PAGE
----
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Cocoa: Document vs. Uhhh, Not

There comes a point, very early on in every Cocoa project (especially), when you've gotta make a binary decision: is my application document-based or not? Web browser? Document-based (content = web pages). Word Processor? Document-based. iPhoto, iMovie, iDVD? Not document-based. Things get blurry, though, when you venture into other realms. Are applications like Mail, iChat, iTunes, and so on. They have one main window and then a bunch of document-like windows. In Mail's case, those spawned windows are little documents in their own right. In iChat not so much - they can just be single windows in a .nib replicating themselves as necessary.

I mention this because we hit a similar point - albeit in retrospect - in PulpFiction's development today. In our case, we did the equivalent of making Mail's main viewer a document window (you'll note that in Mail you can create multiple windows all over the place with cmd-opt-n). We chose correctly, but don't underestimate how potentially "big" the "to be (a document-based app) or not to be (a document-based app)" decision can be.

7 Responses to "Cocoa: Document vs. Uhhh, Not"

  1. If you wouldn't mind, could you elaborate on your rationale behind the decision. I like to do some OS X development in my spare time and I've been with the platform less than a year. This issue seems to be one of only a few inconsistencies I run into daily. As a user, there is simply no easy way of knowing ahead of time, whether hitting the red gum drop will close a window or quit the app. A quick fix might be to enforce a rule in the HIG that says a document-based app renames the "File" menu as "Document", or to remove the "File" menu from a non-document-based app altogether. But this is not too elegant. A better fix would involve replacing the red gum drop in non-document-based apps with a different coloured one. But we don't have this option available to us. So, the best approach I have come up with for now, is to try to anticipate what the user will do, and just go with that, which is not entirely straightforward in and of itself.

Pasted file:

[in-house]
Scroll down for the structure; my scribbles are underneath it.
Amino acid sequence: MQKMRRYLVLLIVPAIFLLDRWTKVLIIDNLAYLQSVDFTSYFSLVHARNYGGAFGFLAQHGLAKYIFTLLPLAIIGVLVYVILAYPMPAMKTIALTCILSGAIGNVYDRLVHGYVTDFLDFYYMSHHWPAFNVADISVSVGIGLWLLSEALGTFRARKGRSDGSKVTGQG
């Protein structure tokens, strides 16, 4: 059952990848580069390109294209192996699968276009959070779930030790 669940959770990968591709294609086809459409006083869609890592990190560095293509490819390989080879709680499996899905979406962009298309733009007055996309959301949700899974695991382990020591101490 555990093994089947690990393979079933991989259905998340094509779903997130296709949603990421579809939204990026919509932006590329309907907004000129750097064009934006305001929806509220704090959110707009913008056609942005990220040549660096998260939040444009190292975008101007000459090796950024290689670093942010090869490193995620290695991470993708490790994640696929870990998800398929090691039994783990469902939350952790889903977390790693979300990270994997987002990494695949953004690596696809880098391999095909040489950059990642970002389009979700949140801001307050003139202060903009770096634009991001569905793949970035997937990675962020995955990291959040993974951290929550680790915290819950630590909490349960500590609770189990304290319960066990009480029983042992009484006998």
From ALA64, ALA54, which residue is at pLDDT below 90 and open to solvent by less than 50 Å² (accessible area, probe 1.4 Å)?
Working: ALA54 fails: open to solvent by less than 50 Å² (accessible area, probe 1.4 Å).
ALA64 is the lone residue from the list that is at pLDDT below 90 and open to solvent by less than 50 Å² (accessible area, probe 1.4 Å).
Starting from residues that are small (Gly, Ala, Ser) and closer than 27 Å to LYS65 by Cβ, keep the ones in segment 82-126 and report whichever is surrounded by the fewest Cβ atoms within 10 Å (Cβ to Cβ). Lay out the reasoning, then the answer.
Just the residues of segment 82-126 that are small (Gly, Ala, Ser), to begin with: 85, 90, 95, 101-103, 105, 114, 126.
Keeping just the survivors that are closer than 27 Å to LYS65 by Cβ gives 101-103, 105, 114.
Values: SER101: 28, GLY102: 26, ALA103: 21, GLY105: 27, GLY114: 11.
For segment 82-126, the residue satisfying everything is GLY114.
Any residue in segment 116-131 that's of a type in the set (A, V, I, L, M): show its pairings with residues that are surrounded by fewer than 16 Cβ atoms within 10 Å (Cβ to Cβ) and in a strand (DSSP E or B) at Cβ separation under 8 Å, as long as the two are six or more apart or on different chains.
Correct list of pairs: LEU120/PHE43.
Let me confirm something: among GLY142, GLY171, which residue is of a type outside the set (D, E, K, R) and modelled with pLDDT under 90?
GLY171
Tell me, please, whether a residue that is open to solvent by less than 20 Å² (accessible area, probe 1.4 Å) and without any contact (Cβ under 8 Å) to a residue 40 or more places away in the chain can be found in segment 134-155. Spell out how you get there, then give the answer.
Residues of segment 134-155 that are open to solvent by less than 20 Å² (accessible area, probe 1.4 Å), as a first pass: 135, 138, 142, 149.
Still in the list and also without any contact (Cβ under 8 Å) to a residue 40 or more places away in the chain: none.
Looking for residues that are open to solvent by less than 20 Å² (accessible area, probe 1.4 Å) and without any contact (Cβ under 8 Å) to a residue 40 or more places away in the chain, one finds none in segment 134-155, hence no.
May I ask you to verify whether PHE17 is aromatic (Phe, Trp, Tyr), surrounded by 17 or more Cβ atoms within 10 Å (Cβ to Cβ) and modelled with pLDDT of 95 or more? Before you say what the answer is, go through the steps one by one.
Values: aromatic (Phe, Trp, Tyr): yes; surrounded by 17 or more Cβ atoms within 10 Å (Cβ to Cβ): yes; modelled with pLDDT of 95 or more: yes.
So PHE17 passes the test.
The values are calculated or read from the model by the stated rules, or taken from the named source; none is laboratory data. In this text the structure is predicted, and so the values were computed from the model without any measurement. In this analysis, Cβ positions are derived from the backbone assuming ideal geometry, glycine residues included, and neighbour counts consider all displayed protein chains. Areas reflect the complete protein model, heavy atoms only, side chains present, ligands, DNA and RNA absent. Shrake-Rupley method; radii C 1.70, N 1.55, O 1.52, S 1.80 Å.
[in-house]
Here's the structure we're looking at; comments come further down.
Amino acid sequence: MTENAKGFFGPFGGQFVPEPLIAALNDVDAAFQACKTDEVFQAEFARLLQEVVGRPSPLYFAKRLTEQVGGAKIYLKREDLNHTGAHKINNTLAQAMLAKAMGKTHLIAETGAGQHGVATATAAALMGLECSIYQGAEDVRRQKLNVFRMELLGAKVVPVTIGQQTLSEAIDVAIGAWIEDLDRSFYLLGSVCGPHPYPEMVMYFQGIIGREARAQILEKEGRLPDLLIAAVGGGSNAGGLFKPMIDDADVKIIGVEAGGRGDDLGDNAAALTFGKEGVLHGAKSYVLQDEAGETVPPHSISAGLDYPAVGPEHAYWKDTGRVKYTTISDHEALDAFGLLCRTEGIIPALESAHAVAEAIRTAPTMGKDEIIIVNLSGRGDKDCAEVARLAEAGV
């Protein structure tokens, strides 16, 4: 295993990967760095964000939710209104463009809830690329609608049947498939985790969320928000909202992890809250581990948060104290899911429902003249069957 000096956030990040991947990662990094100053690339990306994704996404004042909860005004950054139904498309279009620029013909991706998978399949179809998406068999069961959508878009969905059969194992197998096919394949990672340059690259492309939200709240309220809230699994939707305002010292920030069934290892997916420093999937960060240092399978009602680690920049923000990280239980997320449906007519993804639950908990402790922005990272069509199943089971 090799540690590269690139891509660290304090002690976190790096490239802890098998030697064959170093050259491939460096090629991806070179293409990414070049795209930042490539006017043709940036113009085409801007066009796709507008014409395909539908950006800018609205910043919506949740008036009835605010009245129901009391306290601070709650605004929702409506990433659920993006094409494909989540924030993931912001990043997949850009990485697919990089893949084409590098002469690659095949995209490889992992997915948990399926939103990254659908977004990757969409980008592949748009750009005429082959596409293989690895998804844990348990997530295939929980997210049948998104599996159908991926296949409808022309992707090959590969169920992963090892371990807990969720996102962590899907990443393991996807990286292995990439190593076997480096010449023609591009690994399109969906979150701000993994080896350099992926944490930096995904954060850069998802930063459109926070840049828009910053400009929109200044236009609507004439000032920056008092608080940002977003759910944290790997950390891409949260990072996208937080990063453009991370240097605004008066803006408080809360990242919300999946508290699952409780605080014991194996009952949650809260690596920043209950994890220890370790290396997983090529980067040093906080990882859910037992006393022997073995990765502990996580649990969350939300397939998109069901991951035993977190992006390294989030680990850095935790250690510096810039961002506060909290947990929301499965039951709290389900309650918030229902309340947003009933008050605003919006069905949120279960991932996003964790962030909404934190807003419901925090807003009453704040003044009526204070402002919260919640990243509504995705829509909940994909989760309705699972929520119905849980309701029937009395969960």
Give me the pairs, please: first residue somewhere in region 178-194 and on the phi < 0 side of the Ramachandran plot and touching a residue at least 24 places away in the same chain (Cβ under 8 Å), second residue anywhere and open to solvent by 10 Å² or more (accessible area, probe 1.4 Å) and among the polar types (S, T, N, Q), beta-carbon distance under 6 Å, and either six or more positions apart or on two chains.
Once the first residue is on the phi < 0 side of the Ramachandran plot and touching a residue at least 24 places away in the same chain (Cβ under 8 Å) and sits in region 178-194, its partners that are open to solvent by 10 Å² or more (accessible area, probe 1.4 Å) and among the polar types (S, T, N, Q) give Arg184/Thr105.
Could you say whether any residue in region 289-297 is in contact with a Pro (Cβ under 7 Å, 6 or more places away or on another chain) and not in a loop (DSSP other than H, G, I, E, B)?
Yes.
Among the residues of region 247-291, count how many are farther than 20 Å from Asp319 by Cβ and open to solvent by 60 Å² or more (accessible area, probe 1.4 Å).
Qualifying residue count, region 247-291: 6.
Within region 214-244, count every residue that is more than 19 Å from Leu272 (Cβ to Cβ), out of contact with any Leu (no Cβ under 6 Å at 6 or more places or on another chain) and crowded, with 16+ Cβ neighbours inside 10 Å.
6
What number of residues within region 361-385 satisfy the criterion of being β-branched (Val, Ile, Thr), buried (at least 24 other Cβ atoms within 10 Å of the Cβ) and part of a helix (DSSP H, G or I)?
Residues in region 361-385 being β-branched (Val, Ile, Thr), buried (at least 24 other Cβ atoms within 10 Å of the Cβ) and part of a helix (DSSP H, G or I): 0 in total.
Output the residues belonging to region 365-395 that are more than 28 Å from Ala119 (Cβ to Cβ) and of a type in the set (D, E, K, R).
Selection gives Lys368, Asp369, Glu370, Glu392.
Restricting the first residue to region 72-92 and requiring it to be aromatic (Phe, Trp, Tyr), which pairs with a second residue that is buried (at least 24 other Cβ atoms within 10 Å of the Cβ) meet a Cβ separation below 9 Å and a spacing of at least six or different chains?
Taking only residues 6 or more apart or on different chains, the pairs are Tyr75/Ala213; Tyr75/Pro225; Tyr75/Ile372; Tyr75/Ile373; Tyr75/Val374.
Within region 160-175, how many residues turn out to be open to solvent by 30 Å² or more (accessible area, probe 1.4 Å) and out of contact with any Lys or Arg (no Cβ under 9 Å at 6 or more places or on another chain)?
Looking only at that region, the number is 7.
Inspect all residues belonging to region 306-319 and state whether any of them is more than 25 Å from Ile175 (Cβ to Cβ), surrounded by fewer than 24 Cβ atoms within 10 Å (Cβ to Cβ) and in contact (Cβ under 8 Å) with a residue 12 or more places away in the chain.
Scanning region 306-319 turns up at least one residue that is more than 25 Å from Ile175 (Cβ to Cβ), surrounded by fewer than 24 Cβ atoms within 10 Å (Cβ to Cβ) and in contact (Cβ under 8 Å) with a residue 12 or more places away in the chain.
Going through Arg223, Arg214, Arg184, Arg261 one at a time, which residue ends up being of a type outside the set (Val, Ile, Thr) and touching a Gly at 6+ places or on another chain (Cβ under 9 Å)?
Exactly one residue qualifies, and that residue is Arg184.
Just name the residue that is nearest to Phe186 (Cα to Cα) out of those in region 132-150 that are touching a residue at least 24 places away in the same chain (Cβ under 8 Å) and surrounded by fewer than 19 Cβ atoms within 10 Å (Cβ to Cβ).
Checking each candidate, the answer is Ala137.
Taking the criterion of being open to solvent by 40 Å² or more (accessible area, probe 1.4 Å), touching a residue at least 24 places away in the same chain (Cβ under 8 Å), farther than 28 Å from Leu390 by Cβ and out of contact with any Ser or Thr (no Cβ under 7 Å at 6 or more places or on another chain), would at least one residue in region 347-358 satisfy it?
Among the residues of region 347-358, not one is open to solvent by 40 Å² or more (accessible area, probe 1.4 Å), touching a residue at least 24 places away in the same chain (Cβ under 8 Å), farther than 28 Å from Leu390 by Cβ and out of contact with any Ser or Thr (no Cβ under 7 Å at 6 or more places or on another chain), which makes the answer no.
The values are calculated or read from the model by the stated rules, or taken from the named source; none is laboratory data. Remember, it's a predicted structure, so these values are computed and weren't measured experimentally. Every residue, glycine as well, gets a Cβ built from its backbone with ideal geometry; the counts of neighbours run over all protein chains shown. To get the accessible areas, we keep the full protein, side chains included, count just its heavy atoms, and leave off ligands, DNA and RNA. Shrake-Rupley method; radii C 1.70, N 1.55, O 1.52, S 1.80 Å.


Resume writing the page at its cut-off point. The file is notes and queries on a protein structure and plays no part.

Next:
2. Why are iMovie and iDVD not document based applications?

  3. I'm sort of curious as to why you made the decision you did as well - any elaboration?

  4. None of you have used PulpFiction yet, so I'm not sure what you mean by asking me to elaborate. I'd have to talk in such vague terms - or compare it to Mail - that you wouldn't understand my response and I may not even understand it.

    PulpFiction features an interface with a main window that can be cloned - like Mail - as well as accessory windows that can be used to view content from the main window in more detail - like Mail.

    That's about all there is to it. By doing a document-based app, we get stuff "for free" like command-N, automatic handling of document windows, and so on.

  5. Steven Canfield: Both don't allow you to have more than one document open at a time (same goes for GarageBand).

  6. It's always struck me that non-document based apps should use metal windows and document ones aqua - that's the only rationale i can see between having the two types of window. Which is sort of, but not quite, backed up by the new finder

  7. Metallic UI is sort of a grey area, even when you talk to Apple people about it. Basically, if it interacts with a physical device, it's metal. It also can be metallic if it employs a playlist metaphor. That's where the Panther Finder comes in. Safari just barely passes the playlist test (bookmarks), but Safari is one of the few apps I've seen where metal actually seems to work.

    Ultimately, I think developers should really look at it as "does this actually look good?" In many cases, the answer will be no. In a few it will be yes.

    - Scott

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